Waterborne diseases rage in Yemen ahead of rainy season

MSF has launched a response after a surge of acute watery diarrhea cases in almost all of Yemen’s governorates.

Basma and her daughter Abrar, 19 months, who is being treated for acute watery diarrhea at the MSF treatment center in Taiz Houban, Yemen.

Basma and her daughter Abrar, 19 months, who is being treated for acute watery diarrhea at the MSF treatment center in Taiz Houban. | Yemen 2024 © Salam Daoud/MSF

Twenty out of Yemen’s 22 governorates have seen a surge in the number of people with acute watery diarrhea, with 63,000 cases in 2024 as of May 31. Despite the limited testing capacity in the country, more than 2,700 of the cases tested came back positive for cholera.

Although acute watery diarrhea has been a recurrent disease in Yemen for years, such a surge in the number of cases poses a risk to the lives of people who already have limited access to health care.

Doctors Without Borders/Médecins Sans Frontières (MSF) teams have launched a response in eight governorates, providing medical treatment for patients, training for medical and non-medical staff, donating medical supplies, and carrying out health promotion activities.

A young boy with diarrhea is checked by a nurse in Yemen.
An MSF doctor checks the vital signs of three-and-half-year-old Mohammed in the cholera treatment center run by MSF, in Mokha district-Taiz governorate.
Yemen 2024 © Mario Fawaz/MSF

Days of worry, hours of transportation, and debt to get to a hospital

Aseela suffered from vomiting and diarrhea for four days before her mother Sila was able to make the two-hour journey to the MSF Mother and Child Hospital in Taiz Houban, in the Taiz governorate of southwestern Yemen, where we run an acute watery diarrhea treatment center.

“I had to go into debt to cover the bus transportation costs to the hospital,” said Sila. “My husband doesn’t work; we have no source of income. To put food on the table, I go to another village to ask people for flour and rice.”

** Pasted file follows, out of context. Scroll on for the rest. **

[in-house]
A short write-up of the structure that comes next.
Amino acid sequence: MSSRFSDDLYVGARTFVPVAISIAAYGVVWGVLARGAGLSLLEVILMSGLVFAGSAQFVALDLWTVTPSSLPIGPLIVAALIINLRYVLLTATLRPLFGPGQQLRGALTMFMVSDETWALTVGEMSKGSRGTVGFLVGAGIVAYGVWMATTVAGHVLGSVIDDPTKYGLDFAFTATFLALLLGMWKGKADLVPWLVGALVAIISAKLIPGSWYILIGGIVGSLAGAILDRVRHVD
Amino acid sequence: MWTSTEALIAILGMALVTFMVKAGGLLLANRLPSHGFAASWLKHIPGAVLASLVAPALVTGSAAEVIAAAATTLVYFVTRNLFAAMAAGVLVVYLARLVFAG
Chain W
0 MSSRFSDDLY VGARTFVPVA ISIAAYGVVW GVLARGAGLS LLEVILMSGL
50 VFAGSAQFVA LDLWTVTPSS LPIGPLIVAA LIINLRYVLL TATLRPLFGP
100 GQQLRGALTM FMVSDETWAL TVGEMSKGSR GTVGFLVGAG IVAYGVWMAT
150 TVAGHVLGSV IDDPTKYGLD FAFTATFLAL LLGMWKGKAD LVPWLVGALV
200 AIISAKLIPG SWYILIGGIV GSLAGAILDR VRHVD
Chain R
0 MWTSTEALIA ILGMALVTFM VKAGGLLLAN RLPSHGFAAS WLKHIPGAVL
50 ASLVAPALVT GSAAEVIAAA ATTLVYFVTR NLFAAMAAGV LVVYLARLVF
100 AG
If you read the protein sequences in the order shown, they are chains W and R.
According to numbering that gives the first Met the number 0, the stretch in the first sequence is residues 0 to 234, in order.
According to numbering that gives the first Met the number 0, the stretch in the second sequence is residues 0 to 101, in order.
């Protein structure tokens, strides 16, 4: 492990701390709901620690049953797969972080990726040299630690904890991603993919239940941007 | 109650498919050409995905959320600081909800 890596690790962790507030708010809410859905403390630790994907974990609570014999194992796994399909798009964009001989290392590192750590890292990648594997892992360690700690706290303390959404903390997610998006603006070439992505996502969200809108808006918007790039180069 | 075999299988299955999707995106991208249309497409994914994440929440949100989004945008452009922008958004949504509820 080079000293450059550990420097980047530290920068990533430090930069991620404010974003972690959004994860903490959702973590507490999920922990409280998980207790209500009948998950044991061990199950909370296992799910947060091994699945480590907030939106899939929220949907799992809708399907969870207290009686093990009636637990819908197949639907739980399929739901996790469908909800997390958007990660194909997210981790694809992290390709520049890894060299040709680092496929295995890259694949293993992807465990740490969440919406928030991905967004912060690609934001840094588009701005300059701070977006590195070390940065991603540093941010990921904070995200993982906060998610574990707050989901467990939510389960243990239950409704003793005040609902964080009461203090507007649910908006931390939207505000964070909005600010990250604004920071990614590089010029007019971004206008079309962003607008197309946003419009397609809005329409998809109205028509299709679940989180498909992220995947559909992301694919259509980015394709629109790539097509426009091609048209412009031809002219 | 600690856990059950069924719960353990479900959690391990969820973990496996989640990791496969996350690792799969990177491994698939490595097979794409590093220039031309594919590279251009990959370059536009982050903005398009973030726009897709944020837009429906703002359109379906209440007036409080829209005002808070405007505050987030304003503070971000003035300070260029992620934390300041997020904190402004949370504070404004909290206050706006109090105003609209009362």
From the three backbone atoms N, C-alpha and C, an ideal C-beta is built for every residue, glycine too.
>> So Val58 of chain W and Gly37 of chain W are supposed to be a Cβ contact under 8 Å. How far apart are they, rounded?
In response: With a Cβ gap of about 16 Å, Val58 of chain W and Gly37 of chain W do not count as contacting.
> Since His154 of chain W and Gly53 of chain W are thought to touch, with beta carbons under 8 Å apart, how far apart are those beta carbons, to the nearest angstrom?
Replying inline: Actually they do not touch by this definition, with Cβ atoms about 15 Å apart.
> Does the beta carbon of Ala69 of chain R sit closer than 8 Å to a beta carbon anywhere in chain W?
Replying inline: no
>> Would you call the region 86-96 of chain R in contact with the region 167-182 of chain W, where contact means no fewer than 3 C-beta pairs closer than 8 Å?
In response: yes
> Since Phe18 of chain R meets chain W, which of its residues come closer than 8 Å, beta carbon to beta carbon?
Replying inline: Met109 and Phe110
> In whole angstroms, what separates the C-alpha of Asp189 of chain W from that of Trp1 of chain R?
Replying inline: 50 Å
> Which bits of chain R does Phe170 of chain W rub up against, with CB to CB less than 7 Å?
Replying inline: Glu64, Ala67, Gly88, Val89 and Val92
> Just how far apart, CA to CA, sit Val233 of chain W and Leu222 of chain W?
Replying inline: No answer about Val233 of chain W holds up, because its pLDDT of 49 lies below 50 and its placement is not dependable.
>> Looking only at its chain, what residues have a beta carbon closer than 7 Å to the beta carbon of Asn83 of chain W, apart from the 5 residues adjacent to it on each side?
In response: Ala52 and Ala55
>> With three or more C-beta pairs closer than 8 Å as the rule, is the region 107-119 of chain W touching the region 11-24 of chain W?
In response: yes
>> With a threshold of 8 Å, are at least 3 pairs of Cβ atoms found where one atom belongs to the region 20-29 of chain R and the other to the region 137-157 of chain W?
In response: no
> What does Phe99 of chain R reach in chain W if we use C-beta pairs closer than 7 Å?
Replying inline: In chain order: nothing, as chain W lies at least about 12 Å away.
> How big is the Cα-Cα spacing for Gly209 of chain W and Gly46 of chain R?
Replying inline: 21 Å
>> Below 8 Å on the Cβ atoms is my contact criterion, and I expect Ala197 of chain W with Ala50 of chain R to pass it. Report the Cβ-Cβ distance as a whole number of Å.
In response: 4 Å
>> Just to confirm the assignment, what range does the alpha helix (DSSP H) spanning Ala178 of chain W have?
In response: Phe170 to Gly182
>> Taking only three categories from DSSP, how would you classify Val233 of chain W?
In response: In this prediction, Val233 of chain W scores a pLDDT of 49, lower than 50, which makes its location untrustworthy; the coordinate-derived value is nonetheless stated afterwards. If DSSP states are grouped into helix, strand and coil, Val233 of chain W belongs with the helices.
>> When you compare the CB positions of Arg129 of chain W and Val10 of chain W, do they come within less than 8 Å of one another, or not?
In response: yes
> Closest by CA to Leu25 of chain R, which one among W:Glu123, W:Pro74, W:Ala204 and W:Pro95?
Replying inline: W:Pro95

I had to go into debt to cover the bus transportation costs to the hospital. My husband doesn’t work; we have no source of income. To put food on the table, I go to another village to ask people for flour and rice.

Sila, mother of an MSF patient.

One-and-a-half-year-old Amat was falling in and out of consciousness. Her fever wasn’t going down and she had diarrhea. Her mother rushed her to a health center, then another, where she was misdiagnosed and given the wrong treatment. When she didn’t improve, she was referred to MSF’s treatment center in Mokha. 

“My village is three hours away from Mokha,” said Amat’s mother. “We cannot afford the expensive cost of treatment in the nearby clinic. I lost two children: one because of a high fever. I took him to the clinic, but I could not save him. I fear the same thing will happen again.”

Meanwhile, Osama was suffering from severe dehydration and had to leave his children at home to seek health care. He traveled from Taiz governorate to nearby Ibb governorate, where MSF runs a diarrhea treatment center inside Al-Qaida Hospital in Kilo, which we support.

“It took me around an hour and a half on a tough road to make it here. I can’t afford paying for the basic medical treatment needs in a private hospital in my district,” said Osama.

Doctors attend to cholera patients in Aden, Yemen.
An MSF medical team inside one a cholera treatment center’s tent provides medical care for cholera patients in Aden.